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Mapping the need for sanitation and investment

The use of flow diagrams is allowing WaterAid teams to focus water industry innovation and investment on the urban areas that need it most, writes Rob Fuller

Last time, I highlighted the fact that only around 30% of the world’s people are connected to sewers, and that all the growth and energy in innovation around reaching everyone with sanitation is around non-sewered, on-site services. But how do we know where in the sanitation value chain (capture, storage, transportation, treatment, and disposal or reuse) is best to focus innovation and investment?

One simple tool that WaterAid is now using widely in its work in urban areas is the faecal flow diagram, more commonly called an SFD (I’ll let you figure out what the ‘S’ stands for). This tool gives an indication of how much faecal sludge is safely passed on to the next step of the chain, versus escaping to contaminate the environment and create health risks. Its simple graphical representation (lots of green arrows are good, lots of red are bad) makes it a powerful means for highlighting to communities, municipalities and politicians where in the chain their problems lie, and therefore where to invest for the biggest impact.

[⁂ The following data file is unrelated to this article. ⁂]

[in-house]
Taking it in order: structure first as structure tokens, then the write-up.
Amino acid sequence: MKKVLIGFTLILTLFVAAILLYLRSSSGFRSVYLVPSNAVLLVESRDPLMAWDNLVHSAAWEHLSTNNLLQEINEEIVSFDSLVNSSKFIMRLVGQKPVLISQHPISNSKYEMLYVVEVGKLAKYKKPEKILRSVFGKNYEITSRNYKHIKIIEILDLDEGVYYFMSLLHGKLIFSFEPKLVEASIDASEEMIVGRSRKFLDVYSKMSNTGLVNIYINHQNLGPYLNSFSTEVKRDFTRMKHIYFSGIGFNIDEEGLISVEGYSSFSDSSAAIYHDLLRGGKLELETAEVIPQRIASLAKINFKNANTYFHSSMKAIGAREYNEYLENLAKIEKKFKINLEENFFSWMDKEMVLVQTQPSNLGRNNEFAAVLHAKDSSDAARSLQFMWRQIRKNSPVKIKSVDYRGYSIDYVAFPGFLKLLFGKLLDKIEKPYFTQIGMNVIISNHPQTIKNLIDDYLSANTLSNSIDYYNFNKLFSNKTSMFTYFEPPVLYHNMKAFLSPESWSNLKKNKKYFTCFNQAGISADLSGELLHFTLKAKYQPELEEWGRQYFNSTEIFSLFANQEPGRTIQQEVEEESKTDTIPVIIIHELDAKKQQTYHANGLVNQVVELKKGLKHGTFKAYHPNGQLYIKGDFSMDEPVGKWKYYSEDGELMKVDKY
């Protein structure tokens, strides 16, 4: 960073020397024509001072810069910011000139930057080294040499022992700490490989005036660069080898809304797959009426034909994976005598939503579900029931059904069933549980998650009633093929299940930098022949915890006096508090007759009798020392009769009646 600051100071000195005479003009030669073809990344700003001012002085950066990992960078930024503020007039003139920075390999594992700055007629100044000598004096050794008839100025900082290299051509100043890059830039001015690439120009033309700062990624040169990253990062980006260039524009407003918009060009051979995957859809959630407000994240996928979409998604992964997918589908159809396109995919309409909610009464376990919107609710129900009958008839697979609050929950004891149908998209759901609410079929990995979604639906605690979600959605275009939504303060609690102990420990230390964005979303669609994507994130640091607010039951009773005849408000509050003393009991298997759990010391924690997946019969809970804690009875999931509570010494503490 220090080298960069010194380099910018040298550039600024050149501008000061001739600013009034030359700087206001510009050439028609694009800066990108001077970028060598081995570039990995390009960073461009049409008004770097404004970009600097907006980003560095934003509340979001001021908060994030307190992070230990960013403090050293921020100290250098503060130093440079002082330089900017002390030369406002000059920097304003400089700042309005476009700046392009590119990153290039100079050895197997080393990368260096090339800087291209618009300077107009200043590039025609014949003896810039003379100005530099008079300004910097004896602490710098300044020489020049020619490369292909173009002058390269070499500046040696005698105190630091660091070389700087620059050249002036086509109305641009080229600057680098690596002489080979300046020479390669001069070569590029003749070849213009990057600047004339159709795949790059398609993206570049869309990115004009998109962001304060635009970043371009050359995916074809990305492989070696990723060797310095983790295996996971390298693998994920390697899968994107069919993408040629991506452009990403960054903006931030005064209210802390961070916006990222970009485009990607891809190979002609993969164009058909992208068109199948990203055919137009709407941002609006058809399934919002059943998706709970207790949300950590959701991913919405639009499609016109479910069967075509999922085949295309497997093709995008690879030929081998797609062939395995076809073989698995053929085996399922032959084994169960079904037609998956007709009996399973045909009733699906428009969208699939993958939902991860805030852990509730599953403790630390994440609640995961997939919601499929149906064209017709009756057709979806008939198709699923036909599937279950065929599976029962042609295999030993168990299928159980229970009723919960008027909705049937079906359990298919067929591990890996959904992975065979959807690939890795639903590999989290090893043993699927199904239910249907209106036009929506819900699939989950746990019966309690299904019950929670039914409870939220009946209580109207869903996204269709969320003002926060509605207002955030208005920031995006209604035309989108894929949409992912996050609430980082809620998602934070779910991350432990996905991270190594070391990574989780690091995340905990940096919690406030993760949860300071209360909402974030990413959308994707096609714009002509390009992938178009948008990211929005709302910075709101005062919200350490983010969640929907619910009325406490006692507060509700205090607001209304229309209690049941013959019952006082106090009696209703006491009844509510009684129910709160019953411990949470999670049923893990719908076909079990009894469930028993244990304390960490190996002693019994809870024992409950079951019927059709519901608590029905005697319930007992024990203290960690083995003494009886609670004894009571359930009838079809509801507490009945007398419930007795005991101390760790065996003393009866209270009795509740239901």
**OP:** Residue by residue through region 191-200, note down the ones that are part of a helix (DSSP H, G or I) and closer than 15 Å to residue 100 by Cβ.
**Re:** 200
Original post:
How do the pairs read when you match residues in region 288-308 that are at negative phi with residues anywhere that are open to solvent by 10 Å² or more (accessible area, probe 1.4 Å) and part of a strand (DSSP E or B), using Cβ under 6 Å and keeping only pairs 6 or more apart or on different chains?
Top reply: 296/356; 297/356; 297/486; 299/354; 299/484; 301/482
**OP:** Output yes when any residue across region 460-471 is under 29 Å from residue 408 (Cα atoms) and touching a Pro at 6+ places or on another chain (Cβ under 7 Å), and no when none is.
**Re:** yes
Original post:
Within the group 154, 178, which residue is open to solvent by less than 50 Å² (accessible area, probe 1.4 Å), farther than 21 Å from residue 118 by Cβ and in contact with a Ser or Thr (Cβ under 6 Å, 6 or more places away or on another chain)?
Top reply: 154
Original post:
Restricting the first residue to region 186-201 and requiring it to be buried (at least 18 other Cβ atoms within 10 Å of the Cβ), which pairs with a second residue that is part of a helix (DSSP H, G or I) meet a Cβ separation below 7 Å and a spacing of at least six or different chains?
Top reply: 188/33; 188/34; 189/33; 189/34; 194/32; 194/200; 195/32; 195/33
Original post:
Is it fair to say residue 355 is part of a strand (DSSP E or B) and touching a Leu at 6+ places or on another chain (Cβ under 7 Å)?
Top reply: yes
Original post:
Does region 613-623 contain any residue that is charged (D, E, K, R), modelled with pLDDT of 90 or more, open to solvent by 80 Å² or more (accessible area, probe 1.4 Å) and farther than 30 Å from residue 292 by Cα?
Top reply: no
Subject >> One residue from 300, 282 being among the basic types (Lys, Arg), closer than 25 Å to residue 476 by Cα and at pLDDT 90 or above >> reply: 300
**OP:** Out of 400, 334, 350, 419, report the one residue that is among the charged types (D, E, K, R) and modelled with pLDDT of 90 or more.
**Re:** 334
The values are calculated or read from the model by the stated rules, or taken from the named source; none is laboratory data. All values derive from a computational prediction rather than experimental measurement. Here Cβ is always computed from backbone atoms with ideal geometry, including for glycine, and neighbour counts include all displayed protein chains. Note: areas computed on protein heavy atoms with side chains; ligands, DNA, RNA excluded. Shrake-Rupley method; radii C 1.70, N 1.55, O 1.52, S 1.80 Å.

This was demonstrated last year when a team from Yorkshire Water, along with the University of Leeds, helped 20 small towns in Ethiopia to develop their own SFDs as part of a long-term programme of cooperation between Yorkshire Water and WaterAid Ethiopia. Now, the towns are using their SFDs to develop business plans, engage with politicians and attract financing to address their specific problems and make rapid improvements to the local environment.

Elsewhere, the potential for innovation across the sanitation chain was brought home to me once again on a recent visit to Durban, South Africa. The renowned municipal utility, eThekwini, is piloting a variety of approaches to ensure communities beyond the city limits can access safe facilities without the need for large scale investment in sewer construction. These approaches include: wide scale use of urine-diverting toilets; compact, zero-energy package wastewater treatment plants (which feature anaerobic baffled reactors linked to small constructed wetlands); and innovative sludge treatment processes (such as using the Black Soldier fly larvae to ingest the sludge). The waste is then processed to form a range of useful products.

The link between these innovations is the municipalities’ mindset that human waste is a resource to be valued, rather than a problem to be disposed of. In many ways, the resource-limited developing world is leading the way. It is perhaps the widespread promotion and adoption of a resource recovery approach that will ultimately generate the political will and the financing required to deliver universal access to sanitation.


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